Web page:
Westin loses court case about noise pollution

POSTED: 10/8/12 1:56 PM

St. Maarten – The Babitbay Beach Development Corporation N.V., the company that operates the Westin Hotel in Dawn Beach, has so far forfeited $39,500 in penalties for not living up to an April 13 court ruling that ordered it to take measures to bring noise pollution caused to neighborhood resident Michael Roger by its sewage treatment plant under control. An attempt by the corporation to suspend the verdict’s execution failed earlier this month.

The trouble between the Westin Hotel and its neighbors has a long history. Already on June 15, ordered an expert report about the noise pollution caused by the hotel’s sewage treatment plant, but when that report was not forthcoming Roger contracted Civil environmental and geotechnical engineer (Cege) from Curacao to do sound level tests in the vicinity of his home. The report from this company states that during all measurements it took in October 2011 the sound levels exceeded the levels permitted in the hotel’s hindrance permit. Other tests performed by bailiff Patrick confirmed these findings.

Roger, who was represented by attorney mr. Cor Merx, lives about 80 meters from the sewage treatment plant. Court documents show that the installation makes a deafening sound and that this even hinders Rogers when he has all doors and windows closed.
Westin’s attorney Mr. Maarten le Poole noted that “not every violation of the hindrance permit means that the installation produces unlawful hindrance.”
But Judge mr. Diederik Thierry ruled that the Cege-report made sufficiently plausible that the Westin violates the hindrance permit. “The report’s conclusion is unmistakable.”
Roger bought his house twenty years ago, before the Westin was even built. The hotel opened in 2006. The court considered the story Roger told during the hearing plausible. He said that he lives with his hurricane shutters closed because otherwise the noise is unbearable, that he moved his terrace to the back of his house and that one of his kids had to move to another bed room to be able to sleep.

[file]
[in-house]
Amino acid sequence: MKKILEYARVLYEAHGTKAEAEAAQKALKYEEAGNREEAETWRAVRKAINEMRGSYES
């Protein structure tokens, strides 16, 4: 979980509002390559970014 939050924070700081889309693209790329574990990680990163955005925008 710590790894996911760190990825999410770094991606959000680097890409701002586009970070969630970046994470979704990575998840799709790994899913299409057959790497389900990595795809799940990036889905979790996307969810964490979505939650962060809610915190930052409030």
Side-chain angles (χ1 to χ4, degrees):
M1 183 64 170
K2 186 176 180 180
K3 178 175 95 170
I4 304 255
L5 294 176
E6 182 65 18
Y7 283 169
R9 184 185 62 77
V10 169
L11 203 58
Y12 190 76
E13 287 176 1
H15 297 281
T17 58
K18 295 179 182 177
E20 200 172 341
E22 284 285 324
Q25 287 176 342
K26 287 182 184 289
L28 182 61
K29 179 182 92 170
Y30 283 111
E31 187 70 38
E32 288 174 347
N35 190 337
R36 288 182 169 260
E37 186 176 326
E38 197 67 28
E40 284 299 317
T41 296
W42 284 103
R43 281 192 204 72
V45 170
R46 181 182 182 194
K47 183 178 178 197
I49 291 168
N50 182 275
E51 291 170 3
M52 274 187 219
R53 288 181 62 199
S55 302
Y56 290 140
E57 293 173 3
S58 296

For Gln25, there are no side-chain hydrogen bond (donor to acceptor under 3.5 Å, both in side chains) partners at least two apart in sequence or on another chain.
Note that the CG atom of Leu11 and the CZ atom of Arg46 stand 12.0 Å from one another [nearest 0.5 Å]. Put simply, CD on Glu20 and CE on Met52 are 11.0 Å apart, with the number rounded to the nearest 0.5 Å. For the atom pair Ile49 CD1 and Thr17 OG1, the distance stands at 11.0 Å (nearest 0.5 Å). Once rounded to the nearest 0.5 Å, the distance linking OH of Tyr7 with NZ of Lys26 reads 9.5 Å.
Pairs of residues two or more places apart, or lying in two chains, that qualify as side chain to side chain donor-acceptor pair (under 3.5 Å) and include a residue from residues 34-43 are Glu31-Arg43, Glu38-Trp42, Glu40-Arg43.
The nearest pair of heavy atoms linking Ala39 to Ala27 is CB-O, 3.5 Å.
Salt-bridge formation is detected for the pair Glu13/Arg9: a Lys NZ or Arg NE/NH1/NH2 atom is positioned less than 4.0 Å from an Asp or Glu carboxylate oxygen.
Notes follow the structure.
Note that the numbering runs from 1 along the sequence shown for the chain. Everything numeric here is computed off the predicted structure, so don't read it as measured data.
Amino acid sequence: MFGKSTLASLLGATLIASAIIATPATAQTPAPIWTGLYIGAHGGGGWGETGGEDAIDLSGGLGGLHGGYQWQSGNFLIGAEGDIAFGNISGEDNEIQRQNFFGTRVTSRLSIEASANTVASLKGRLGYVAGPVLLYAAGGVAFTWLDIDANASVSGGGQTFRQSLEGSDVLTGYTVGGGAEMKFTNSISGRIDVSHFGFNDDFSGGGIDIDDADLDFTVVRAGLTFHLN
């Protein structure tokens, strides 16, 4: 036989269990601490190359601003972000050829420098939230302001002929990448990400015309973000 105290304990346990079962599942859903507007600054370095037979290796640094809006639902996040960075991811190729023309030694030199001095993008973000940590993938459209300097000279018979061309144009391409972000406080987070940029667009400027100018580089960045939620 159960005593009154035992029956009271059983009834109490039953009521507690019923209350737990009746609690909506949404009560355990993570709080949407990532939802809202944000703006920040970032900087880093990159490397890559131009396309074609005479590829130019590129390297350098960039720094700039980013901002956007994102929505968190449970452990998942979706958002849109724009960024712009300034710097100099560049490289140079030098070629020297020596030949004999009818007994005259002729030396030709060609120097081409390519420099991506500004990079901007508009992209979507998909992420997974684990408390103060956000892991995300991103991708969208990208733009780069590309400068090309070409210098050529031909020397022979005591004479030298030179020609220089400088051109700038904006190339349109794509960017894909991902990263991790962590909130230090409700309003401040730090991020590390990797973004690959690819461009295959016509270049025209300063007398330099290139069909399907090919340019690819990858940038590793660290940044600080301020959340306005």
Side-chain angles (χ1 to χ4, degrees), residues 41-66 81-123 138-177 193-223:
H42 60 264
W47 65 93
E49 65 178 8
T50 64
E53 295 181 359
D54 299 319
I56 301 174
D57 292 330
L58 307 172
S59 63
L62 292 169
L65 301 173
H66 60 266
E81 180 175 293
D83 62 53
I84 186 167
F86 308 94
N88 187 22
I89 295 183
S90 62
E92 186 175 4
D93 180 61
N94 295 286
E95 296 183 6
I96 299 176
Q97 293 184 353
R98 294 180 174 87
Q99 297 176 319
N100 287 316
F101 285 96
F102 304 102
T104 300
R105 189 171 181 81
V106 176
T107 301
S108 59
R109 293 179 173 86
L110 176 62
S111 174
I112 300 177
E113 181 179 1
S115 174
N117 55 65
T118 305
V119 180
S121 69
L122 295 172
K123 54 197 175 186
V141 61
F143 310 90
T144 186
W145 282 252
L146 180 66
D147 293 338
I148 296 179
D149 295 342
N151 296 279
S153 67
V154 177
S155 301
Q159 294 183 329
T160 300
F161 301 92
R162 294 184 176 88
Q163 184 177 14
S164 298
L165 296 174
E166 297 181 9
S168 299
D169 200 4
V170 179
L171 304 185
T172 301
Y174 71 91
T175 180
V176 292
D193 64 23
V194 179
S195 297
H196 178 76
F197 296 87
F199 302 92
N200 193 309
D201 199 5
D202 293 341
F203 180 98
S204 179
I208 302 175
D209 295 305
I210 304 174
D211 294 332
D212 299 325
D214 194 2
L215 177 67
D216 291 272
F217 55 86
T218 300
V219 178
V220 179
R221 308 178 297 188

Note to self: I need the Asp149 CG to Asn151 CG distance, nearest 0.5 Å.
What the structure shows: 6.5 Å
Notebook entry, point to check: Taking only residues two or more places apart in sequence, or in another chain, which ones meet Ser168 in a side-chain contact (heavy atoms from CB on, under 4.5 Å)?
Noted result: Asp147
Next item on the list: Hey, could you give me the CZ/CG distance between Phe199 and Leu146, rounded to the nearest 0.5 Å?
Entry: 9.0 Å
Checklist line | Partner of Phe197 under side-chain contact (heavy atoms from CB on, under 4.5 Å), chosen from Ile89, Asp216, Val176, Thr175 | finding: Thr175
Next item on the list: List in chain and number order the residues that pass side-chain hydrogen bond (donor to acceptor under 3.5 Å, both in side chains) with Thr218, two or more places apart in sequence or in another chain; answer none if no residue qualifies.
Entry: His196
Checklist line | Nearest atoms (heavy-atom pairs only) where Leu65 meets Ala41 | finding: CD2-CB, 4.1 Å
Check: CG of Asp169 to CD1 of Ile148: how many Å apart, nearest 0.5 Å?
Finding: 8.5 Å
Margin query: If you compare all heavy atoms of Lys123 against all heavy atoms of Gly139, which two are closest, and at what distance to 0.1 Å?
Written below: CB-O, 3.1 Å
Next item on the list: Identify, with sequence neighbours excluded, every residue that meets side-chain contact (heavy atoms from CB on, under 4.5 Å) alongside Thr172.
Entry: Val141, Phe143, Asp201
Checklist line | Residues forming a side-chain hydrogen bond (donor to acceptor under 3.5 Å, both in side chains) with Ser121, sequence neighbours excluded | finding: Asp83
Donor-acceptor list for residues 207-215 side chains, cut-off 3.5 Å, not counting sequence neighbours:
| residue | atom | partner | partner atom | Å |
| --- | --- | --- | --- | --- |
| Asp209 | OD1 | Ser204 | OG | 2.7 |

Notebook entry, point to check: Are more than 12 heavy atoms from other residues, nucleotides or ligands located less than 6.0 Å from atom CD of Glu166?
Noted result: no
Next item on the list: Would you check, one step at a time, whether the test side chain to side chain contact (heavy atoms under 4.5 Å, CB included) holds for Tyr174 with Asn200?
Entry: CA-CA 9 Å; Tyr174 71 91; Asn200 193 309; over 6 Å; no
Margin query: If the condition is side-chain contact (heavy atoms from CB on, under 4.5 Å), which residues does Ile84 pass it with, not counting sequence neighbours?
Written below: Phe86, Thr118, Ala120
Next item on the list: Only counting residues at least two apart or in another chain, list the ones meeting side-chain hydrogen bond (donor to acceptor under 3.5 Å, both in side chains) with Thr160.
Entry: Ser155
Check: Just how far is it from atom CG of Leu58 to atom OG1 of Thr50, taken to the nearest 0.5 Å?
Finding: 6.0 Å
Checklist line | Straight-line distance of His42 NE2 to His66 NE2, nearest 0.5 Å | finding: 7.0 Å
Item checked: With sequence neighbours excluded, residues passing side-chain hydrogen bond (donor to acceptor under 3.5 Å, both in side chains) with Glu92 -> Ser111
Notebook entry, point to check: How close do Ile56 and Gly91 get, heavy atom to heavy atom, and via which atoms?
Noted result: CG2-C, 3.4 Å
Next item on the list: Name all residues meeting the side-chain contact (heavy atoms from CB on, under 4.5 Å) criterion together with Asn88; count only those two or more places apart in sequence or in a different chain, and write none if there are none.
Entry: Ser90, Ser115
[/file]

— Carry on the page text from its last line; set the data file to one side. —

The court held it against the Westin that it did not send a representative to the court hearing to present an alternative view on the situation. “That makes it sufficiently clear that the Westin even after it received the Cege-report does not really care about the noise pollution.”
The court ordered the Westin to pay expenditures to Roger totaling $4,145.65l to take measures within four weeks to bring the sewage plant’s noise level within the limits established in its hindrance permit and to pay $500 for each day it does not abide by the court ruling.

In September the Westin filed a lawsuit against Roger demanding that he stops the execution of the April 13 court ruling. Roger had put a lien on the Westin’s bank account at the Scotiabank to secure $39,500 in penalties. The Westin demanded in summary proceedings to reduce the penalty to zero and to lift the lien on its bank account.
The hotel’s attorney mr. Wim van Sambeek told the court that it had built a structure around the sewage treatment plant and that the installation no longer violated the sound levels established in its hindrance permit. The hotel also stated that it makes sure the installation is switched off in the evening.

Judge Mr. Coen Luijks ruled however that Roger had contested Westin’s claims with another Cege-report that shows that the installation is still violating the maximum noise levels. There is also a report from bailiff Patrick that confirms the finding in the Cege-report. from video-footage submitted by Roger it appeared that the sound levels reached between 80 and 90 decibel – far above the permitted 50 decibel.
“The court is of the opinion that the Westin has insufficiently demonstrated that it abides by the (April 13) court ruling,” Judge Luijks wrote in his verdict.
The court rejected the Westin’s demands to freeze the execution of the April 13 verdict and to lift the lien. It also rejected the request to mitigate the penalty.
This is the second time within a week that the Westin gets court-related publicity. Last week, SHTA-President and Princess Heights manager Emil Lee won a court case against the hotel that had banned him from its premises because parties are involved in lawsuits about noise pollution caused by the Westin’s generator and its cooling towers.

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